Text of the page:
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Pump Selection

From the smallest barrel garden to the largest koi pond, no water garden can survive very long without water movement. And for water movement a pump is essential because it keeps the water circulating and the pond healthy.

A cascading, bubbling stream adds interest and serenity to the garden, while a waterfall can create a dramatic centerpiece. Fountains, while aesthetically pleasing, provide the additional benefit of aerating the water, essential for providing a healthy environment for fish. Water must also be supplied to filters that help keep the water clear.

Our website includes a large assortment of submersible pumps from manufacturers like AQUASCAPE, OASE, FOUNTAIN SYSTEMS, PRO ECO PRODUCTS, ATLANTIC WATER GARDENS, PONDMASTER, MATALA, and many more.

When selecting a pump, be sure to look for the GPH for each head height, as well as the maximum height that the unit will pump. At maximum height (or max. head), the pump only puts out a trickle of water. A long-term manufacturer's warranty and energy consumption are also important factors.

Pump Selection for Circulation Purposes

To maintain a healthy pond, experts recommend circulating the water at least once every two hours. This means that for a pond with an effective volume of 3000 gallons, you will need to circulate at least 1500 gallons per hour (GPH). Hence, a pump capable of pumping 1500 GPH or more at the total head of your project is required. This is the absolute minimum amount of water that you need to circulate.

Small & Shallow Ponds (up to 250 gallons approx.)

Due to the special requirements and unique circumstances found in smaller and shallow ponds, including most pre-formed units, we recommend to turn the effective pond volume over once per hour.

If the effective volume of your pond is 150 gallons, look for a pump that can deliver 150 GPH at your total head. If you are pumping up to a small waterfall or cascade 2 feet above pond surface level, you need to pump 150 GPH at a 2 foot head. Also see Waterfalls & Streams below for additional information.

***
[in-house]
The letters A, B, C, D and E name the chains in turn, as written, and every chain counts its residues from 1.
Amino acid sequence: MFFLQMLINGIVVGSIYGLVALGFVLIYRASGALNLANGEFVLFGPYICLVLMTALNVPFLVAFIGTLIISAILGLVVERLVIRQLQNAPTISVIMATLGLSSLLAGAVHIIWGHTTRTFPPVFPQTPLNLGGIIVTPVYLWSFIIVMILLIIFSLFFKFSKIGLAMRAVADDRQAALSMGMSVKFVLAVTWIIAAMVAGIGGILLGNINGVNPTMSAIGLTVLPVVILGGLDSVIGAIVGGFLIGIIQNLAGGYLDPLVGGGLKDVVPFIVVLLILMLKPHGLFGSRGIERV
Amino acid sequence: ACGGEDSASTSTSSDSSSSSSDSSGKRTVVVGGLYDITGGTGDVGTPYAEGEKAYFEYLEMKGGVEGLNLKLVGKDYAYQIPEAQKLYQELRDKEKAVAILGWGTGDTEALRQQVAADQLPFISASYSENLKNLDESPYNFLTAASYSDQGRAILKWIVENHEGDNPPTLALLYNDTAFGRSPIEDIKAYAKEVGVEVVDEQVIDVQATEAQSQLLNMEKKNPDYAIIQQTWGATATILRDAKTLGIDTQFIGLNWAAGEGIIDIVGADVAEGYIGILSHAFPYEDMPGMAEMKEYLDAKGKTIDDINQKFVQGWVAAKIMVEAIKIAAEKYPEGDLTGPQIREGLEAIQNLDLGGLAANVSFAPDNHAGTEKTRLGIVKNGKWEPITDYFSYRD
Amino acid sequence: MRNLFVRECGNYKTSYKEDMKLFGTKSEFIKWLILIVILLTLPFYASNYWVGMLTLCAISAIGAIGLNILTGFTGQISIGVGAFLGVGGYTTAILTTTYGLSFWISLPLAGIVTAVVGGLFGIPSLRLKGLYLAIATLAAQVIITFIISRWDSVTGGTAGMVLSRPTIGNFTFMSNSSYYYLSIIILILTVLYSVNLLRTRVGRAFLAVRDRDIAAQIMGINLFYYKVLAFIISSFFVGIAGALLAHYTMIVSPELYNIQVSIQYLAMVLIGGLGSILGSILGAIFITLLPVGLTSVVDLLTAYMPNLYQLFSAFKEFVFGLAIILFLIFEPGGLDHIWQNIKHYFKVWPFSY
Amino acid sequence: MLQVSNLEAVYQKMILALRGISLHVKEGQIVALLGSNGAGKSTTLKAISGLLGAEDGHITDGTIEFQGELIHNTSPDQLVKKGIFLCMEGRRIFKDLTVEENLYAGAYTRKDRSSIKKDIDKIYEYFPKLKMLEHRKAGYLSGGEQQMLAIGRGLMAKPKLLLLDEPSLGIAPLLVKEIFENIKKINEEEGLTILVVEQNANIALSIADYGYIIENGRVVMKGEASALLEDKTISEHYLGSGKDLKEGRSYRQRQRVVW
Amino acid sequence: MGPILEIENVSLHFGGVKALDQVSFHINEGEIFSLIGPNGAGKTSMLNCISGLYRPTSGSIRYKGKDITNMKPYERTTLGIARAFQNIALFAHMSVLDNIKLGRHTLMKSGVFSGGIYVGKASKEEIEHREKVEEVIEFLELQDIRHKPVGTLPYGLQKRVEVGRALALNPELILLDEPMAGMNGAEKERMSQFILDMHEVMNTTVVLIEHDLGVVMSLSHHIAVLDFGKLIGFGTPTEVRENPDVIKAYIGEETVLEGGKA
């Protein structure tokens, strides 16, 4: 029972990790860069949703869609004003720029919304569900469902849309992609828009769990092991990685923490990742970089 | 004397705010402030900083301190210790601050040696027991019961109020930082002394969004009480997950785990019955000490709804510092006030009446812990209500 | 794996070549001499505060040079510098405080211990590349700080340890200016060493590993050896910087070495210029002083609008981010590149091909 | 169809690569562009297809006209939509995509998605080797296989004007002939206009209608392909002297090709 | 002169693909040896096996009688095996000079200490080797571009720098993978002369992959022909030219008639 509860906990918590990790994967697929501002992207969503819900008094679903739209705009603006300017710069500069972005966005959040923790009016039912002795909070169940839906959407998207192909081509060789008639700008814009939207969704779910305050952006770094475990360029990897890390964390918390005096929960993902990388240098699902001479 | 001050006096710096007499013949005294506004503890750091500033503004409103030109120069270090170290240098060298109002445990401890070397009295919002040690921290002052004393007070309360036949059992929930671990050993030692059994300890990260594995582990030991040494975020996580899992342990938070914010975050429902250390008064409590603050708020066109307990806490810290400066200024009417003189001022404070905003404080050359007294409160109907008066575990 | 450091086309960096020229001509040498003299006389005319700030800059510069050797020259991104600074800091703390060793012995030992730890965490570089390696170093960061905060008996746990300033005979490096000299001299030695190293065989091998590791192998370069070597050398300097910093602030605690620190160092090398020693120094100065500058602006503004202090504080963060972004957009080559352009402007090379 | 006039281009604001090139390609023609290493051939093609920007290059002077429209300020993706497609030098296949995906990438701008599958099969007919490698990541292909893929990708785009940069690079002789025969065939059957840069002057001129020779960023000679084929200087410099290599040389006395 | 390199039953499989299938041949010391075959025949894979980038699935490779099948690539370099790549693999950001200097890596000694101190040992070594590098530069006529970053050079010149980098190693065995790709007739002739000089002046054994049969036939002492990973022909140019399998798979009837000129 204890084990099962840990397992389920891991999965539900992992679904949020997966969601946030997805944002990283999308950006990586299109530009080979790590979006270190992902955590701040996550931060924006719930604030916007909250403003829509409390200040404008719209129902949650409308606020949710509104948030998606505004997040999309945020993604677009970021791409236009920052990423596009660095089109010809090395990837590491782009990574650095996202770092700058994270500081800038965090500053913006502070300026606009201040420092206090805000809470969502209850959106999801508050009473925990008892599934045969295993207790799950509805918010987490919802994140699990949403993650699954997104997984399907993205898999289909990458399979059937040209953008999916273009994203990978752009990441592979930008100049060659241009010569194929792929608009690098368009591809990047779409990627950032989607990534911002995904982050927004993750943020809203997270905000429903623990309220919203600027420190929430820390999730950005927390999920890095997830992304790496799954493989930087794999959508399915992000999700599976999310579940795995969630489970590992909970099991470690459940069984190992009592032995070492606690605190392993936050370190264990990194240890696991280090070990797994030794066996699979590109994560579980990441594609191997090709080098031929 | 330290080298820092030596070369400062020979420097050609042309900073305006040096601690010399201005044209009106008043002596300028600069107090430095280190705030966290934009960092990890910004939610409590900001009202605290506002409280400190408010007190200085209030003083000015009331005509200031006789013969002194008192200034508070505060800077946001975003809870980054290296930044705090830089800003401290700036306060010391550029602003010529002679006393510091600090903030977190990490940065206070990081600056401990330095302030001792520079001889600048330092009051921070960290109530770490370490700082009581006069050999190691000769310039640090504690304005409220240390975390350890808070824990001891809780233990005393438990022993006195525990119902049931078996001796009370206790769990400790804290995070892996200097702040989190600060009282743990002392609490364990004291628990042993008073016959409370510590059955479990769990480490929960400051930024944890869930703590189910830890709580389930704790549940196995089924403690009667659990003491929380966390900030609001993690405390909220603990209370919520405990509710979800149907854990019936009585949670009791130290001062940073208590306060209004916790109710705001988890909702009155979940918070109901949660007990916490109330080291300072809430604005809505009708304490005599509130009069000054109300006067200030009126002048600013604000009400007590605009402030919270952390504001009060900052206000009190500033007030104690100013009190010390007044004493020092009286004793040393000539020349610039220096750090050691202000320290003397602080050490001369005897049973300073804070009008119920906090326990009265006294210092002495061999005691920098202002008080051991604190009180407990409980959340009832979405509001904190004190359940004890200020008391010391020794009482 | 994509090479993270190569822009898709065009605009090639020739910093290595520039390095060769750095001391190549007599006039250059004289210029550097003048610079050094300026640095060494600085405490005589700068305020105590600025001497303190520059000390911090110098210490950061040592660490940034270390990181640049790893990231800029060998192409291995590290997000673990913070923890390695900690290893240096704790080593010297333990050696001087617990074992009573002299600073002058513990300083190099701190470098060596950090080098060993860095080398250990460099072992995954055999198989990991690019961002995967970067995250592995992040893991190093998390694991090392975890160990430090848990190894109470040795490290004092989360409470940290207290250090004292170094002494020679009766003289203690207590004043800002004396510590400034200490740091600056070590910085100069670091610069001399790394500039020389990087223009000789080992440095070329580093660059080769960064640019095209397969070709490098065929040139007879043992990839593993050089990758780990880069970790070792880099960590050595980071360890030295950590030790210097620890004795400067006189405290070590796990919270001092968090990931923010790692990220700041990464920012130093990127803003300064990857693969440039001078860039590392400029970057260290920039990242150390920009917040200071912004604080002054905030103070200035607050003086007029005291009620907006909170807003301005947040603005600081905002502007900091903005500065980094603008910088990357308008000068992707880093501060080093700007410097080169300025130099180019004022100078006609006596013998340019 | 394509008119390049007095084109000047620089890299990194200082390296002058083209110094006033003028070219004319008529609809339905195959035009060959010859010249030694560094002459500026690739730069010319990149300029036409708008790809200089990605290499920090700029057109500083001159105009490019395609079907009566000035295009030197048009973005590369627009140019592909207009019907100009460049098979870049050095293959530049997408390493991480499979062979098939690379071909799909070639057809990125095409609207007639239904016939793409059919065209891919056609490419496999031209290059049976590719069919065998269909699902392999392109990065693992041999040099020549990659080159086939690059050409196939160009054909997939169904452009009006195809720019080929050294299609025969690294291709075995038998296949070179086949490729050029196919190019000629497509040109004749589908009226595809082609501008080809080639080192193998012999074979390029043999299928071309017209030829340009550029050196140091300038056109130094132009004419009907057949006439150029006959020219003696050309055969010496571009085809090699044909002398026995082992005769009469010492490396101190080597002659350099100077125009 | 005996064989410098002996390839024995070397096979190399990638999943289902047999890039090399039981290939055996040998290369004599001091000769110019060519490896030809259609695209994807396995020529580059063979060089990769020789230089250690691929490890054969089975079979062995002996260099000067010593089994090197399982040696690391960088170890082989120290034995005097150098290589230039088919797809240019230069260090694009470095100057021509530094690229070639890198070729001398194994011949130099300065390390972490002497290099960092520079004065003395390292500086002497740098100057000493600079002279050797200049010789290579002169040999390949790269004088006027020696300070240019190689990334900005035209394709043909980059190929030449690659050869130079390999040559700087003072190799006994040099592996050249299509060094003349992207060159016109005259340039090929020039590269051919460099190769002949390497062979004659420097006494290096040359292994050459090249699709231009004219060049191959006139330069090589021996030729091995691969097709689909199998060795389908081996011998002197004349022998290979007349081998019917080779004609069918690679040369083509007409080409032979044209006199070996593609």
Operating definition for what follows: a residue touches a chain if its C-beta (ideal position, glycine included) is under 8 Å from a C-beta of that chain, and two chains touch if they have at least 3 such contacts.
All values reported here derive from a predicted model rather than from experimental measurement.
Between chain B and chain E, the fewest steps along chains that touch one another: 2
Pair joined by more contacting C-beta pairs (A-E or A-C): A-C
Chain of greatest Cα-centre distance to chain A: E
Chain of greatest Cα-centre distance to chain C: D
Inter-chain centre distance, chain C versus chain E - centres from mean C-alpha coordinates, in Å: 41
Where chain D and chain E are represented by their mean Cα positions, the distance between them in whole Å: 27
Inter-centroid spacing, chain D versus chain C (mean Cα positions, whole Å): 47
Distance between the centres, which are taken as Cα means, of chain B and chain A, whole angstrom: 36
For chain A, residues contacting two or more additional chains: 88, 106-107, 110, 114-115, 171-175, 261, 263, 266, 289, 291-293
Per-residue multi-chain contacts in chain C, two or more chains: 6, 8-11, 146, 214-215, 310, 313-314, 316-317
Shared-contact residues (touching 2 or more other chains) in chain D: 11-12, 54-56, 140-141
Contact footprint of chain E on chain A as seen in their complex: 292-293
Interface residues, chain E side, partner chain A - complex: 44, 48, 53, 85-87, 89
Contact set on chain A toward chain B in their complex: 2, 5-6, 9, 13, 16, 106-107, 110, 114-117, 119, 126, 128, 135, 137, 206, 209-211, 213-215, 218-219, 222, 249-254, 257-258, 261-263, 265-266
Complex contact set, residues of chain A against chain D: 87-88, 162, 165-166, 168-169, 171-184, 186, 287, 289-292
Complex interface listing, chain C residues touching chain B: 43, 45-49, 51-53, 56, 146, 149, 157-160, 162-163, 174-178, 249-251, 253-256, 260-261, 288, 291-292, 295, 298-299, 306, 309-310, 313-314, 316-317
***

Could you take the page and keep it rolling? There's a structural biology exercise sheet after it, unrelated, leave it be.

Waterfalls & Streams

Sizing a pump for a waterfall or a stream is usually quite simple. The first item to consider is to ensure that you are circulating the effective pond volume at least once every two hours. This would be the minimum flow requirement. The second and usually the most important factor to consider is the characteristics of the waterfall. This includes the amount of flow that you wish to see coming over the waterfall and the width of the waterfall.

Please take a moment to review how to calculate the total head requirements for your waterfall.

Assuming you want to operate a waterfall with a vertical head of 3 feet (vertical distance from pond surface level to top of waterfall) and you will have 10 feet of tubing between the pump and the top of the waterfall. You will have a total head of 4 feet. The smallest pump that you should consider would be one that is capable of circulating half the effective volume of the pond at a total head of 4 feet. Assuming an effective pond volume of 3,000 gallons, the pump that you choose will have to be able to deliver 1,500 GPH at a 4 foot head. This is the minimum requirement for
circulation purposes.

Place your pump as far away from the waterfall as possible to maximize circulation within the pond.

When operating a waterfall, another important consideration is appearance. Depending on the width of the waterfall lip (weir) or stream and your expectations, half the effective volume may or may not be adequate.